Underscoring the ability of Kras mutations to contribute to tumor formation, they are common in many epithelial tumors including cancers of the pancreas, colon, and lung but are rare in cancers of the oral cavity and stomach [4]. The underlying mechanism for this tissue-specificity remains unexplored. It is possible that different cell types have different susceptibilities to the neoplastic effects of mutant Kras or that different tissues are more or less subject to Kras mutation. Kras appears to play different roles in different cancers, suggesting there are tissue-specific susceptibilities to Kras mutation. For example, in the pancreas, Kras mutation is an early step in tumor initiation [5]. However, in the colon, tumor initiation is thought to arise largely through aberrant activation of the Wnt signaling pathway with Kras mutation playing a later role in tumor progression [6].

One of the strongest correlations between cancer and Kras mutation occurs in pancreatic ductal adenocarcinoma (PDAC) which has Kras mutations in approx. 95% of cases [7]. Mouse models have shown that introducing mutant Kras throughout the pancreas beginning in embryogenesis results in many pancreatic intraepithelial neoplasms (PanINs) [8] that are thought to be the precursors of PDAC [9]. When combined with loss of tumor suppressor genes, these PanIN lesions progress to invasive and metastatic PDAC [10], [11], [12]. The genetic tools used to activate Kras during pancreatic development target mutant Kras to all cells of the pancreas, including both acinar and duct cells of the exocrine pancreas, making ontogeny of tumors impossible to determine. Because PDAC in humans has morphologic and molecular markers of duct-like cells, it was long held that neoplastic transformation of normal pancreatic ducts gives rise to PDAC [13]. However, we and others have recently shown that pancreatic acinar cells are capable of changing their cellular identity, or transdifferentiating, into duct-like cells in response to growth factors or damage [14], [15], [16], complicating the issue of the origin of PDAC. Understanding how PDAC arises is important for identifying appropriate biomarkers of cancer development as well as identifying targets that might be relevant in the treatment of human disease.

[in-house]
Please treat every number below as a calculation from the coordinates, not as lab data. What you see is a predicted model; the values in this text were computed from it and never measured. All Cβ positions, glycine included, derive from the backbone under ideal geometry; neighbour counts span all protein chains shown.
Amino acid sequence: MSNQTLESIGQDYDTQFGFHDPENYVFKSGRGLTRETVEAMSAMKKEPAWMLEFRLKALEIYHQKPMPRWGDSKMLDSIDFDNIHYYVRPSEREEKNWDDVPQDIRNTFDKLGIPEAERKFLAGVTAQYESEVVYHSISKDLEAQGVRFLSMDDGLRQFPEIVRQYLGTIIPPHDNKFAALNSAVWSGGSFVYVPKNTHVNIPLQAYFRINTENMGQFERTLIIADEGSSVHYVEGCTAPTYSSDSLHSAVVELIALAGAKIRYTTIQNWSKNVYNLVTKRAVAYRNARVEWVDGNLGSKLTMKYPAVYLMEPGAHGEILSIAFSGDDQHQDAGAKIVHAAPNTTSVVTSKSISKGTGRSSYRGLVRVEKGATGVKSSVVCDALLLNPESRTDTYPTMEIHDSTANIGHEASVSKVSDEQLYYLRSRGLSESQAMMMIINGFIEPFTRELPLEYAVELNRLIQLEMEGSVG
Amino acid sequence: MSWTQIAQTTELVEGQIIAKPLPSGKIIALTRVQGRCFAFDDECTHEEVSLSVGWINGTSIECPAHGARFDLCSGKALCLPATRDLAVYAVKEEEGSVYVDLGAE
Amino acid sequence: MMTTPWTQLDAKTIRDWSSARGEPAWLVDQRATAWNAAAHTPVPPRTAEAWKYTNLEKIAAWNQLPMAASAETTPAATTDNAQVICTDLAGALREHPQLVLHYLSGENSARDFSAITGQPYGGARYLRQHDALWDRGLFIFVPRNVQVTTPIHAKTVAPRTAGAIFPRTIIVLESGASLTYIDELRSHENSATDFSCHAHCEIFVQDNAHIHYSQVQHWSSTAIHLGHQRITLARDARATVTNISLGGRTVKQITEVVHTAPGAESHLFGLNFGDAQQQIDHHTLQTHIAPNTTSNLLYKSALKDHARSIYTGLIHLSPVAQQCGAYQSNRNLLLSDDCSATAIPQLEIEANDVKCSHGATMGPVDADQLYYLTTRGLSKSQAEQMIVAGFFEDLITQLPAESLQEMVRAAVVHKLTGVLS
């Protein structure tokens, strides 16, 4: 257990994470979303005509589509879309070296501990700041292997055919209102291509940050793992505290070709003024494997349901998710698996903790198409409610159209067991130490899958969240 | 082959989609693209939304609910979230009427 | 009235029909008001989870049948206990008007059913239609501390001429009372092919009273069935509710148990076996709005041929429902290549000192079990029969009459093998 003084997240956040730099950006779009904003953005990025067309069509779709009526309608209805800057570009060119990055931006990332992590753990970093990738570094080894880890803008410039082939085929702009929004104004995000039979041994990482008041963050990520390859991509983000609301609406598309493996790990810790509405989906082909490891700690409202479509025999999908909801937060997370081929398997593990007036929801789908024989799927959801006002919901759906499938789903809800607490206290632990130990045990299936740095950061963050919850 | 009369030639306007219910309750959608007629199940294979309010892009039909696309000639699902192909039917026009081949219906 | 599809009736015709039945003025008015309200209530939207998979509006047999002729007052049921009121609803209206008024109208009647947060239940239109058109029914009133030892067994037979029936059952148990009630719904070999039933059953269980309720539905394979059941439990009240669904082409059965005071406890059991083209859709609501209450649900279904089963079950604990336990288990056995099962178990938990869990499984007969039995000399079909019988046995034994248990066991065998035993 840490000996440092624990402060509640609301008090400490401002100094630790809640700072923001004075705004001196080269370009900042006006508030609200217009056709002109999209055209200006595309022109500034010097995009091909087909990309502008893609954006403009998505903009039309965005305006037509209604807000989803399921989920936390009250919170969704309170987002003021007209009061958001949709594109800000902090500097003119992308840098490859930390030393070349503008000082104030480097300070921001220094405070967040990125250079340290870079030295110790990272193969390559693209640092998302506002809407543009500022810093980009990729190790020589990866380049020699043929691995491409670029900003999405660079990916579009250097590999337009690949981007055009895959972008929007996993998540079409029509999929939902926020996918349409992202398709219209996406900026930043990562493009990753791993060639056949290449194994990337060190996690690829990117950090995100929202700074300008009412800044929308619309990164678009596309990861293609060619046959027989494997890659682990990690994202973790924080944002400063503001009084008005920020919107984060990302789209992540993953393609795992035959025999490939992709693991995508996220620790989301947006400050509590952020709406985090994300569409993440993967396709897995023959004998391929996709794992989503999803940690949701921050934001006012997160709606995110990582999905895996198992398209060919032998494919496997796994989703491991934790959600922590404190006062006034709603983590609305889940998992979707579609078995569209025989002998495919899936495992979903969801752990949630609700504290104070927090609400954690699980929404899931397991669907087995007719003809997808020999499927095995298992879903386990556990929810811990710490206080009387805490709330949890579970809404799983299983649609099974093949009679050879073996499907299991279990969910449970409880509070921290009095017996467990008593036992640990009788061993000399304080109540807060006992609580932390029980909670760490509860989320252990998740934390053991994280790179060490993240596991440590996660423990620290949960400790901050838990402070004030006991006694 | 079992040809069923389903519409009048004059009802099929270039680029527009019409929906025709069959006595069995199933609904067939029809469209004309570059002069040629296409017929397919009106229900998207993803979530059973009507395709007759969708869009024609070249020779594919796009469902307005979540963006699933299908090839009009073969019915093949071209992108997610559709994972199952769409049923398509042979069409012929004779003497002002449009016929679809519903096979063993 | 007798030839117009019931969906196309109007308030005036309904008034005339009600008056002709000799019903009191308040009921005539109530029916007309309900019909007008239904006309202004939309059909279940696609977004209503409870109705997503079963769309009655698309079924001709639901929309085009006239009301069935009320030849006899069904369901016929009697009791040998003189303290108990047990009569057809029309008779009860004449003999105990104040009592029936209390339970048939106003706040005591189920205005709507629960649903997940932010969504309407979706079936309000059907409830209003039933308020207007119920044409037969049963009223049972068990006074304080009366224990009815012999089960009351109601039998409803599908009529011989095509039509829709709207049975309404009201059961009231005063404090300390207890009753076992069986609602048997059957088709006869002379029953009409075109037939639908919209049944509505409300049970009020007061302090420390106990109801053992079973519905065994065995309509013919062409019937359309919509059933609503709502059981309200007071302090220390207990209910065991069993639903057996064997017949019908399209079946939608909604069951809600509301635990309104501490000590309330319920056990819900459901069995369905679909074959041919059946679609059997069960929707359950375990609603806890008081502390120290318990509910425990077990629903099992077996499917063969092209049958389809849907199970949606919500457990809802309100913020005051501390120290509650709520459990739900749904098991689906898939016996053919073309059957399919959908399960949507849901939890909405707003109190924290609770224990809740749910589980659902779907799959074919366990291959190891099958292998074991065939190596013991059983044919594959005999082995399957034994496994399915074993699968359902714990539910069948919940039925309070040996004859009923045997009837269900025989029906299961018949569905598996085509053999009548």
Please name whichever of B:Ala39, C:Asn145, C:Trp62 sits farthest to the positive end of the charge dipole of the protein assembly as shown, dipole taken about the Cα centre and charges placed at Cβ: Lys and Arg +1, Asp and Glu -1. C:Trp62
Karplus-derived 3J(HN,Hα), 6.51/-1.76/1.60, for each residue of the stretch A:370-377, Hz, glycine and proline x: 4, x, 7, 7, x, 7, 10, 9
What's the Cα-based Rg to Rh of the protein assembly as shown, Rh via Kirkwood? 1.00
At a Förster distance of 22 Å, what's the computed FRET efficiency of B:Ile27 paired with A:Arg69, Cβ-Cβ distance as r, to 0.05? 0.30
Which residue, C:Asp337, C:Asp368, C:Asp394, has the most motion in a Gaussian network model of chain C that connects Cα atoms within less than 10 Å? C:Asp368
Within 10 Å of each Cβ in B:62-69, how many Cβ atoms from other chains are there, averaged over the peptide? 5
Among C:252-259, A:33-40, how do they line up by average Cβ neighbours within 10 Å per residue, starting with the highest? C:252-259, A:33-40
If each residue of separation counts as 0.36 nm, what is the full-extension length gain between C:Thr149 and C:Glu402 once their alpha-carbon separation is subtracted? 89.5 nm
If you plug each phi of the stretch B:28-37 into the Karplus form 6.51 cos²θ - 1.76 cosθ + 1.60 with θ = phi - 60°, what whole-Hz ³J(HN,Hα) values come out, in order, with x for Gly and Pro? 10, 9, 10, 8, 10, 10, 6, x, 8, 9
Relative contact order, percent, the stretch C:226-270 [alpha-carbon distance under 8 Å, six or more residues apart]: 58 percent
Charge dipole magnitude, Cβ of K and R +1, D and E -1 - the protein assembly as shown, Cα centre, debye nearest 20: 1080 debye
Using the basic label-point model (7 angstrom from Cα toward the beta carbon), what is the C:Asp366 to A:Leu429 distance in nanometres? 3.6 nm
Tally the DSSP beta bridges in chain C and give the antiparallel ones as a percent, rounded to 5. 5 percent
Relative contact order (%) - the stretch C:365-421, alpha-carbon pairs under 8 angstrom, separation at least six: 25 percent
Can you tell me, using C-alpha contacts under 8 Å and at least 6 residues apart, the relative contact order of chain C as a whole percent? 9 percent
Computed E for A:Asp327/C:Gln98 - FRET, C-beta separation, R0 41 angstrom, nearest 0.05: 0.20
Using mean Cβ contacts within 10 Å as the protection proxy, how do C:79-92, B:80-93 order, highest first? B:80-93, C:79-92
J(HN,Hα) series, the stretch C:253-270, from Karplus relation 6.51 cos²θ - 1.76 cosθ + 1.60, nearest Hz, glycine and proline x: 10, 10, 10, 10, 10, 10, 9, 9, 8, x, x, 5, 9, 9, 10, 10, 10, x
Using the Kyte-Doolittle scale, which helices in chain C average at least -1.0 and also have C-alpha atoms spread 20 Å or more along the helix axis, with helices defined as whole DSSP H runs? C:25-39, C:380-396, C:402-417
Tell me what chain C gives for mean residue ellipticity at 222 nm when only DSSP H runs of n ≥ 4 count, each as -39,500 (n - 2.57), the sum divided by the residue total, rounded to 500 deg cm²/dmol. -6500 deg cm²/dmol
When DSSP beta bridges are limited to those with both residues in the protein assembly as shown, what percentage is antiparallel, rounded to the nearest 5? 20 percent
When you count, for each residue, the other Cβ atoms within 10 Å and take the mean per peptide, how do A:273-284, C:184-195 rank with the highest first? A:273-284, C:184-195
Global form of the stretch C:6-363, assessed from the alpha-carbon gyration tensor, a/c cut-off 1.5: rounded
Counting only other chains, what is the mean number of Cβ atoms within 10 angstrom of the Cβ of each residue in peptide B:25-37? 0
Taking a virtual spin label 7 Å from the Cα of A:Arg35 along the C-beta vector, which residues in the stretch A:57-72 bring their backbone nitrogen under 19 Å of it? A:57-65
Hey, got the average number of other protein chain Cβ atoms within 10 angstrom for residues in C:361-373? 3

We have recently developed a genetic tool that allows us to investigate the susceptibility of different epithelial tissues to KrasG12D-initiated tumorigenesis in adult mice. Because epithelial tumors of some tissues are frequently associated with Kras mutation and those of other tissues are rarely associated, we tested the hypothesis that some tissues are refractory to the effects of Kras mutation, as opposed to being susceptible to its effects but rarely undergoing its mutation, by introducing the mutation into multiple tissues. We found that KrasG12D could induce neoplastic changes in multiple, although not all, assayed tissues. Susceptible tissues included those which in humans rarely have Kras mutations as well as those that frequently do. There was some correlation of susceptibility with exposure to the outside environment, suggesting that environmental factors may play a major role in promotion of KrasG12D-initiated tumors. However, this correlation was not uniform indicating that there are also intrinsic differences in how cells respond to Kras activation. Additionally, we demonstrate that pancreatic ducts are capable of giving rise to mucinous metaplasias with characteristic of early PanIN lesions.


CK19CreERT produces recombination in multiple epithelial tissues